The Herald Bulletin

Afternoon Update

Nation & World

September 26, 2013

House GOP considers options on possible shutdown

WASHINGTON —

Speaker John Boehner said Thursday the GOP-controlled House will not accept a temporary spending bill from the Democratic Senate if it is shorn clean of a tea party plan to "defund Obamacare."

"I don't see that happening, Boehner told reporters.

At the same time, the Ohio Republican said House GOP leaders would unveil legislation to lift the government's borrowing cap, but only if the new health care law is delayed for a year. He defended that measure's relatively modest spending cuts even as some rank-and-file conservatives pressed for more.

"It does not cut spending significantly. It does not fix the problem," Rep. Mo Brooks, R-Ala., said of the debt ceiling package. He said he was undecided about whether to support it. "We need to significantly cut federal government spending, or long-term have a balanced budget constitutional amendment," he said.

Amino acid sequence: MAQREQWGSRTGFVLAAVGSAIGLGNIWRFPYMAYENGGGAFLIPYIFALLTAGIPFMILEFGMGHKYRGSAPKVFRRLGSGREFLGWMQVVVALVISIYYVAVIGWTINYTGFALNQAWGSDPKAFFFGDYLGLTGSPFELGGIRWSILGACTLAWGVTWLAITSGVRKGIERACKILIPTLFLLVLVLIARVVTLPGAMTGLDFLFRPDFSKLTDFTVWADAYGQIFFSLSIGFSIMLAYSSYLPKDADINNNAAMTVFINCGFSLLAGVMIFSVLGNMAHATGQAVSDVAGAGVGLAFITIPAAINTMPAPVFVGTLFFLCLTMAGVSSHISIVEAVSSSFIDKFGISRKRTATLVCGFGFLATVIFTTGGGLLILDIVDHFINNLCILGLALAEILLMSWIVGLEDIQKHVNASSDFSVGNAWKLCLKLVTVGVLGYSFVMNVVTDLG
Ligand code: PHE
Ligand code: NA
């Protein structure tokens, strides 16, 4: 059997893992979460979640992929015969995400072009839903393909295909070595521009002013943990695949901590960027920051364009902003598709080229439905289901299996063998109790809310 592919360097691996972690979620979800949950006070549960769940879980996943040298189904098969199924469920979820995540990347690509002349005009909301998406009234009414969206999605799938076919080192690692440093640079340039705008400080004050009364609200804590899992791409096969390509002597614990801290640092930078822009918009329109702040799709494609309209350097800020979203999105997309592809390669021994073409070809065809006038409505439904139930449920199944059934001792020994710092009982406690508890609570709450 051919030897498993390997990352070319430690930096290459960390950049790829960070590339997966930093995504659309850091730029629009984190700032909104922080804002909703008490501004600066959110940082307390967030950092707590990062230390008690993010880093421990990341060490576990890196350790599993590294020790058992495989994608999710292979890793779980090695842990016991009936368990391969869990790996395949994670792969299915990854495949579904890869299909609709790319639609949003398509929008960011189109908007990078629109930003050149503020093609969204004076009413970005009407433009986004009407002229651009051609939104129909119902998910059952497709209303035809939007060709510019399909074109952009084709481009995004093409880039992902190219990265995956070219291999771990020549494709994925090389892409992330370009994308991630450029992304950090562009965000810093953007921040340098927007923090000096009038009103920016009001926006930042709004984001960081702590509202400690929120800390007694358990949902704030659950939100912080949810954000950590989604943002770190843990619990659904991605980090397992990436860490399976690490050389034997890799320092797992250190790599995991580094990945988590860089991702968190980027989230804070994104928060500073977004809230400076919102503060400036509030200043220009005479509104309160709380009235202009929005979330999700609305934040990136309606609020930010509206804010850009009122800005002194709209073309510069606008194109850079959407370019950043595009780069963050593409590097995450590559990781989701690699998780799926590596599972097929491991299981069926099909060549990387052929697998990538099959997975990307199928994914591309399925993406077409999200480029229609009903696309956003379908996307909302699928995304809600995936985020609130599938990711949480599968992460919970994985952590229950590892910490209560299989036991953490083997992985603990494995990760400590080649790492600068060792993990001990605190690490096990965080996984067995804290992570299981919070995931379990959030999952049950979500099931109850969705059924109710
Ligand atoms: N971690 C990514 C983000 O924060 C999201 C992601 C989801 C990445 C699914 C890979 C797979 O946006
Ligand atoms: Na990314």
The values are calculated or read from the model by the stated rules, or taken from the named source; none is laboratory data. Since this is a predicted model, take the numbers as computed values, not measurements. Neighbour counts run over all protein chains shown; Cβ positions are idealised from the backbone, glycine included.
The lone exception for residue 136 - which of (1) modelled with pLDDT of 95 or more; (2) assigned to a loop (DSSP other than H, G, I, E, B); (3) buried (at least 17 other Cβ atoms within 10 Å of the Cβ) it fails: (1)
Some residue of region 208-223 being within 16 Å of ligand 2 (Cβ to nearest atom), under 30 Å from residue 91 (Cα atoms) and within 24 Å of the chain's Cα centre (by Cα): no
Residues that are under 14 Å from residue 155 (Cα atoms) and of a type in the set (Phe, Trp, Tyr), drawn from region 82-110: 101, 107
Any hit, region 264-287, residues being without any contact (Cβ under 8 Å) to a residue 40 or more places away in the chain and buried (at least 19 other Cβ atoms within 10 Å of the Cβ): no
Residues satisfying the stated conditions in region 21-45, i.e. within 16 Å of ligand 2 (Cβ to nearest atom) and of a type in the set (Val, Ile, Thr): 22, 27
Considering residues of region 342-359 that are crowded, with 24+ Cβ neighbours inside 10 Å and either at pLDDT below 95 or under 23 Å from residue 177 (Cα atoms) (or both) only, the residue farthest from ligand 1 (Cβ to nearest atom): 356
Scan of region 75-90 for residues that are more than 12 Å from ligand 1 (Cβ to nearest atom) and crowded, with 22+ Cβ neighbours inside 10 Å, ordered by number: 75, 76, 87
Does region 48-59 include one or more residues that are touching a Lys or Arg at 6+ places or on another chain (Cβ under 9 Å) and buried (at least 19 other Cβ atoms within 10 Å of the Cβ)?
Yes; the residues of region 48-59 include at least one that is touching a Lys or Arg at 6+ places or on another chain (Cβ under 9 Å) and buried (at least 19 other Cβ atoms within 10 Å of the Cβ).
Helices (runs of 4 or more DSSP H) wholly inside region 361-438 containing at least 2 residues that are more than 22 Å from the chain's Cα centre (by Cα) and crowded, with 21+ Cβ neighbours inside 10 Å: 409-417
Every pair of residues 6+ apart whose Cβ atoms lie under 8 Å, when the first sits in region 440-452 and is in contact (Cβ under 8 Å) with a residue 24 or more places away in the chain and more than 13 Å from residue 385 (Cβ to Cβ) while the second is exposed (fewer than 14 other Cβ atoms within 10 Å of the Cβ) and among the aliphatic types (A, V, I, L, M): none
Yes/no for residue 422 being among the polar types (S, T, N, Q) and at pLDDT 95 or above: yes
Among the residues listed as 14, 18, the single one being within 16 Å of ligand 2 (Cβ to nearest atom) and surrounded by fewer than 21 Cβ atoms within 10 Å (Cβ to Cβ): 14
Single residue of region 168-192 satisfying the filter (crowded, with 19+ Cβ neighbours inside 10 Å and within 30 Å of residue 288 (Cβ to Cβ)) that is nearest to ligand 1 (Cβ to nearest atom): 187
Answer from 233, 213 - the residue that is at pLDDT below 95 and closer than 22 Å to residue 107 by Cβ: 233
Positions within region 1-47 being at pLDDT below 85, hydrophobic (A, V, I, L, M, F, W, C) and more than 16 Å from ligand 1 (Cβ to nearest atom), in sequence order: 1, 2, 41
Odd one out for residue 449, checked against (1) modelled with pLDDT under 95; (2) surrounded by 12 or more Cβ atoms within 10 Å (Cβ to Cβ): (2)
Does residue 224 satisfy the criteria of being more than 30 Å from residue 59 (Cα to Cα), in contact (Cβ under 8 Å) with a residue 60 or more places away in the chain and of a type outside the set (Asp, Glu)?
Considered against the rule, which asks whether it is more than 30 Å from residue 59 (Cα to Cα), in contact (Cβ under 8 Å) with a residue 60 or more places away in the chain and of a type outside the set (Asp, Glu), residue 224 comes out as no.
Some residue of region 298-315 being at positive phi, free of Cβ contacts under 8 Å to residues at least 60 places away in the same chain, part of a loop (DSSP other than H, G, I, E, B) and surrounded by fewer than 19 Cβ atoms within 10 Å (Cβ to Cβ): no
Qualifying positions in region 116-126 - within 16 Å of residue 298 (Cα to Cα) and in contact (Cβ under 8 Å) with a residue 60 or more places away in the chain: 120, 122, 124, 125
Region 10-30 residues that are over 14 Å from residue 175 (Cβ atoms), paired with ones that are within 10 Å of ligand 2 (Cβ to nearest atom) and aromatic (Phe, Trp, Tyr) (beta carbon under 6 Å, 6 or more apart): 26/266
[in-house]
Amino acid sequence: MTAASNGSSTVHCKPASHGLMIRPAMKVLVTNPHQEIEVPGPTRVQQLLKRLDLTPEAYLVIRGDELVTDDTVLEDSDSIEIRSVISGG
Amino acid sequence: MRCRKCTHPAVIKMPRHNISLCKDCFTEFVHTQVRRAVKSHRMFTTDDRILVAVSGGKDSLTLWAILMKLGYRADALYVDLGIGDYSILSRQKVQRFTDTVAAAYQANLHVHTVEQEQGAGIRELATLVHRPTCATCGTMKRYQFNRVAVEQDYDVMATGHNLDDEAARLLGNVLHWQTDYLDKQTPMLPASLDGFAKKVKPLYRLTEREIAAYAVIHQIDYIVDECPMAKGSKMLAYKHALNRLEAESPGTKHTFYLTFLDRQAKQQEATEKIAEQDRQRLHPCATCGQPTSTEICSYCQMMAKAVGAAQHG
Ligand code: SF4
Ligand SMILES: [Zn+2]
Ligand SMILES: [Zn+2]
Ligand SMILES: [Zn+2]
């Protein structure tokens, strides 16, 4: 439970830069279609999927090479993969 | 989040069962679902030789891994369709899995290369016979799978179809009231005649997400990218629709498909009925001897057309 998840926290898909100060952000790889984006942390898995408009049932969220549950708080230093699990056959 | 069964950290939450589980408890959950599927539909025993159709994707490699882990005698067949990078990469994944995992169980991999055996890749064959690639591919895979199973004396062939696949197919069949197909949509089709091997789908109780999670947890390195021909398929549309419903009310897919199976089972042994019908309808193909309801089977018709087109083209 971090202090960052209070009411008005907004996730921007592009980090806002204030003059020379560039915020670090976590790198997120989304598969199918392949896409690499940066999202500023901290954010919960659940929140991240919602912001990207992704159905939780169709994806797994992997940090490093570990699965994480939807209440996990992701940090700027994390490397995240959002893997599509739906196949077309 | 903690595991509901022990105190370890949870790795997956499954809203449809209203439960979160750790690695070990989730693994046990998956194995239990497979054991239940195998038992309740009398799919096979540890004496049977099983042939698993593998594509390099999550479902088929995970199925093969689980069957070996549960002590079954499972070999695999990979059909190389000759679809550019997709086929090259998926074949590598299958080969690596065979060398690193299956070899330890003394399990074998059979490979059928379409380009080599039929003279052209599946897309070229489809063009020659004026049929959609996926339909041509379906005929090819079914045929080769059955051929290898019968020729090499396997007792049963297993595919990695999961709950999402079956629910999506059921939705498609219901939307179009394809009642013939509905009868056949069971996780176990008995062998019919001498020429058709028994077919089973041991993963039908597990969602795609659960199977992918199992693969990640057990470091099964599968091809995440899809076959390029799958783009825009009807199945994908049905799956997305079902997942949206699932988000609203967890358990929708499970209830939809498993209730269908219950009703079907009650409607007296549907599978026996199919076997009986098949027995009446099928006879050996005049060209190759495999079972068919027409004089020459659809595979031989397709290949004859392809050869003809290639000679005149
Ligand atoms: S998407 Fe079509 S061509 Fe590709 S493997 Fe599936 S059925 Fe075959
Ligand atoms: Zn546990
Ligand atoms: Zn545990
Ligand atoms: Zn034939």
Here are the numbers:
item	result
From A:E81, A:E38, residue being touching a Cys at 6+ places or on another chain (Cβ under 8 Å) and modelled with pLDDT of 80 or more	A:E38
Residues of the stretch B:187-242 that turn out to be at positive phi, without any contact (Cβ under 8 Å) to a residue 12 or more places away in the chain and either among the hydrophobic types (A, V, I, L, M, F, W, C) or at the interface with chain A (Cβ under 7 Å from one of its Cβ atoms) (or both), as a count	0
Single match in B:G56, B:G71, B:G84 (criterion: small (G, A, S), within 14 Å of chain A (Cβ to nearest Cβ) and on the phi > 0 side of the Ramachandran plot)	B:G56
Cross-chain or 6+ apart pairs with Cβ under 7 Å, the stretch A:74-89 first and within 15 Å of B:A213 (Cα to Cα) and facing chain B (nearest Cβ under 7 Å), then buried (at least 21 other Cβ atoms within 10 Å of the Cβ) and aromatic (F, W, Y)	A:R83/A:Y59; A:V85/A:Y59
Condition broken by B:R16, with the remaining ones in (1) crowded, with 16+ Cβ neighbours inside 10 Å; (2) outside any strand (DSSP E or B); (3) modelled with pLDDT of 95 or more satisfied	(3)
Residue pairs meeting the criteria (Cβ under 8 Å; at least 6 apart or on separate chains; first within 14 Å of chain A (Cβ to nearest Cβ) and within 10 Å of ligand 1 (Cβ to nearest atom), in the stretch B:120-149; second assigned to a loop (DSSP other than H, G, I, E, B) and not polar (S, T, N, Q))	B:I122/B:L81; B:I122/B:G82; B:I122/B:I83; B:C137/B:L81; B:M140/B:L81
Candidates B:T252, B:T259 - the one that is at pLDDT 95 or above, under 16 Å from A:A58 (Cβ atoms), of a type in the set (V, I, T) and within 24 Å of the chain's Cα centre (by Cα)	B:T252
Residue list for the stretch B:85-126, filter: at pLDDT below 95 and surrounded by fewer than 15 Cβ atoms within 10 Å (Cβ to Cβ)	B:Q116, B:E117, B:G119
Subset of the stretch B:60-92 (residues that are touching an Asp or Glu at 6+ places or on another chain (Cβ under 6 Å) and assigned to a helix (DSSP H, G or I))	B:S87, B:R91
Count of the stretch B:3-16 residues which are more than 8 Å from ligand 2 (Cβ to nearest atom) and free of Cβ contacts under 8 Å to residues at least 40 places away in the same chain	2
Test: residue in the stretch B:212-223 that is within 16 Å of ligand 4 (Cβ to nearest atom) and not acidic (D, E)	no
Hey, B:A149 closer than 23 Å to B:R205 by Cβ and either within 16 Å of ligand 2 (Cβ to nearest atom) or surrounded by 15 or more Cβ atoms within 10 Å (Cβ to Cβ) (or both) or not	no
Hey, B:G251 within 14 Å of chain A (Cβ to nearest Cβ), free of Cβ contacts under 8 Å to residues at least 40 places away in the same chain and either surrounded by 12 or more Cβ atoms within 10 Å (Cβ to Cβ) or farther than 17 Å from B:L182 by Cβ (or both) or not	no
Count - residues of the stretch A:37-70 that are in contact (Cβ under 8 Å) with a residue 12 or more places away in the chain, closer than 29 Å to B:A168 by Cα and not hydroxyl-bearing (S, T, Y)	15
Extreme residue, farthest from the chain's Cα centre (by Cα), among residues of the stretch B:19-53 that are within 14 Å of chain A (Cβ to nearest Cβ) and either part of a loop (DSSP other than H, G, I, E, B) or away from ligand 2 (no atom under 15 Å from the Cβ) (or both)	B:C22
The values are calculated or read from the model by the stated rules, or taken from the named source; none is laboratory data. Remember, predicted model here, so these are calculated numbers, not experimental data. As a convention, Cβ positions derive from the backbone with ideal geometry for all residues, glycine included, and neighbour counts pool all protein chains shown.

Pressure is building on fractious House Republicans as a partial government shutdown looms at midnight Monday if a bitterly-divided Congress can't send a temporary spending bill to President Barack Obama on time.

Meanwhile, the Senate trudged ahead toward a Friday vote on stripping the defund Obamacare provision from the House-passed stopgap funding bill. Boehner's remarks mean the House will return the stopgap measure to the Senate over the weekend, but he declined to describe what measures Republicans might add to it.

A partial government shutdown would keep hundreds of thousands of federal workers off the job, close national parks and generate damaging headlines for whichever side the public holds responsible.

The timeline is daunting since delays in the Senate — where tea party favorite Ted Cruz, R-Texas, promises to filibuster any bill that doesn't block Obamacare — could mean the first partial shutdown since the 1995-96 government closures that bruised Republicans and strengthened the hand of Democratic President Bill Clinton.